A Guide to Safe Field Operations
U.S. Geological Survey Open-File Report 95-777


In the Field


Normal comfort temperature range for man is between 60 and 90xfb F. Beyond these limits various precautions become necessary, depending on tolerance and adaptation to extremes. Most cases of hypothermia (condition of reduced body temperature that results in rapid mental and physical collapse) develop in air temperatures between 30 and 50xfb F. Hypothermia is aggravated by wet clothes, wind, hunger, and exhaustion. The best way to avoid hypothermia is to take more clothes than will be needed and to dress appropriately with layers of clothing and adequate headgear. Layers of clothing can be removed or added as the temperature changes. Prepare yourself for working in cold environments by:

The opposite physiological condition is hyperthermia, in which heat in excessive amounts can create a life threatening situation. Temperature, humidity, and physical exertion all contribute to this condition, but body hydration is the most important factor. Prepare yourself for working in hot environments by:

Sun exposure can cause first and second-degree burns, and you should be aware of your susceptibility to burning. It is recommended that you wear protective clothing and cover exposed skin with sunscreen. Remember that the intensity of radiation is greater at high elevations and exposure is increased where light is both direct and reflected from light surfaces, such as snow and sandy areas.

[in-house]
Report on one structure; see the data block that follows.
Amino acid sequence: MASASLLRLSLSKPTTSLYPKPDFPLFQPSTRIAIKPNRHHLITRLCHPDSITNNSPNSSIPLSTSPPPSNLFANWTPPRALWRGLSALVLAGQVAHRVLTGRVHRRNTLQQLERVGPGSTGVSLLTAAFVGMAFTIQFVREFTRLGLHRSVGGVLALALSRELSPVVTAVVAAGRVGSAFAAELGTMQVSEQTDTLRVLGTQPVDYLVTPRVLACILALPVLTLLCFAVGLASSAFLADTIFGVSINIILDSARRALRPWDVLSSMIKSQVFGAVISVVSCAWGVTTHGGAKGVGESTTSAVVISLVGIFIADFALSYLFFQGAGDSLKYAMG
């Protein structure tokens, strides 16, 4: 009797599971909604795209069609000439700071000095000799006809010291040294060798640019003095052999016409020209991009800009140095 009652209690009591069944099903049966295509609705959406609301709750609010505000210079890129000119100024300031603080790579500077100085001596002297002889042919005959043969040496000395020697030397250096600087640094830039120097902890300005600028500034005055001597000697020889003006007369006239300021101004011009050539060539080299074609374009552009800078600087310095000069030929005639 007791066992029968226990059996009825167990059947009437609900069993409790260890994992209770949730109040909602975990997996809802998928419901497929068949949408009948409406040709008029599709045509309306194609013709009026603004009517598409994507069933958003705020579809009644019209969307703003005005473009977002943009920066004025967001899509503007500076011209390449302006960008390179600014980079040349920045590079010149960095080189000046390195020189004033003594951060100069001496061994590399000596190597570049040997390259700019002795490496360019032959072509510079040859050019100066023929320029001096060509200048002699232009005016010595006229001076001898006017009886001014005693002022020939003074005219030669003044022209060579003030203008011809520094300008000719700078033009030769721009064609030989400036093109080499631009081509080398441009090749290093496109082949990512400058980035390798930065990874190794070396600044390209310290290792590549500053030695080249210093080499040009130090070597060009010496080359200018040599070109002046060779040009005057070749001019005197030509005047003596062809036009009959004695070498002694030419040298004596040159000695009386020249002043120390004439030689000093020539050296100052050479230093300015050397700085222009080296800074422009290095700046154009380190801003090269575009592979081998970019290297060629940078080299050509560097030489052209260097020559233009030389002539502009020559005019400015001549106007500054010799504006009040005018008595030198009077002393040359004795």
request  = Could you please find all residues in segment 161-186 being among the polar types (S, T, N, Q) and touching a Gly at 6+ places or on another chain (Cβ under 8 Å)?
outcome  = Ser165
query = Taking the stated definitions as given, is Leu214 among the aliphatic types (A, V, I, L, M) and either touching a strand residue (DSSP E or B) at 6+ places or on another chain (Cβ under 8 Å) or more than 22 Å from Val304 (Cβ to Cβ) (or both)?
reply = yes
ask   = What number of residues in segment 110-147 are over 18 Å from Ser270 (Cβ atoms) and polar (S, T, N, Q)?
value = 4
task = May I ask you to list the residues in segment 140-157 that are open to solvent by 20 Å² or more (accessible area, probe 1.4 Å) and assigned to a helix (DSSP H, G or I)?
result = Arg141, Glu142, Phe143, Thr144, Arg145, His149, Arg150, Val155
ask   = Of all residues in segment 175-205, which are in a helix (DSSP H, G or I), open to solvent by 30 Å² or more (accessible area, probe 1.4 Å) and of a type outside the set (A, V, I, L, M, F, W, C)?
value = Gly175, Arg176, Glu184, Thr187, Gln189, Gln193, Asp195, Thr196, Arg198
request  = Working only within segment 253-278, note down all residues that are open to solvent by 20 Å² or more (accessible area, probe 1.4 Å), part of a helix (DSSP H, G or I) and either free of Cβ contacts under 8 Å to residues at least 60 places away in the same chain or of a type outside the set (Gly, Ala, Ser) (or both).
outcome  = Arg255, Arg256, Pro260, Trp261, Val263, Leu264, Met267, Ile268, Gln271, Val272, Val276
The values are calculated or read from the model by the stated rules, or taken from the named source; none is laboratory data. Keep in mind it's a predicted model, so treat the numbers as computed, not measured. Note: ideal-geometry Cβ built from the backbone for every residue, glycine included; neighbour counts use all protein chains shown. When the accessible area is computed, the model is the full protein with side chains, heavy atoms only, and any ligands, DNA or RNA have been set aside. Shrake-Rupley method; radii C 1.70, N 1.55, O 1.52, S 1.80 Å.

Thunderstorms are a serious danger while working in the field. Lightning is the storm's worst killer, but the intense rains, hailstorms, and wind associated with these storms can create dangerous conditions. Frequent monitoring of weather reports is important for scheduling your activities to avoid extreme weather conditions. While working in the field, keep an eye on the weather and notice whether towering cumulus clouds that mark the location of thunderstorms are approaching your work area. The safest place to be during a thunderstorm is in the field vehicle with doors and windows closed. General guidelines for avoiding dangerous conditions during thunderstorms are:

Additional information on thunderstorms and lightning can be found in National Weather Service NOAA/PA 83001 (June 1985).


Working in and around streams and rivers will subject you to many conditions in which the local terrain may cause slips and falls that could result in serious injury to you and your coworkers. You can't avoid all potential dangers, but you can minimize the risk of accidents by considering the following guidelines.


There are numerous animals that may represent a risk. Snakes and insects are probably the most common nuisances that you will face, but other reptiles and domestic and wild animals can cause serious injury, illnesses, and fatalities.

There are four snakes in the United States that are poisonous and should be avoided: rattlesnakes, cottonmouth, copperhead, and coral snakes. There are numerous species of rattlesnakes throughout the U.S. Cottonmouths and coral snakes generally range from the Carolinas through Florida, westward to Texas, and up the Mississippi Valley. Copperheads are found in much of the eastern U.S. and parts of Missouri, Arkansas, Oklahoma, and Texas. The most effective defense against snakes is to avoid being bitten. The following precautions should be taken to minimize the risk of snakes while working in the field: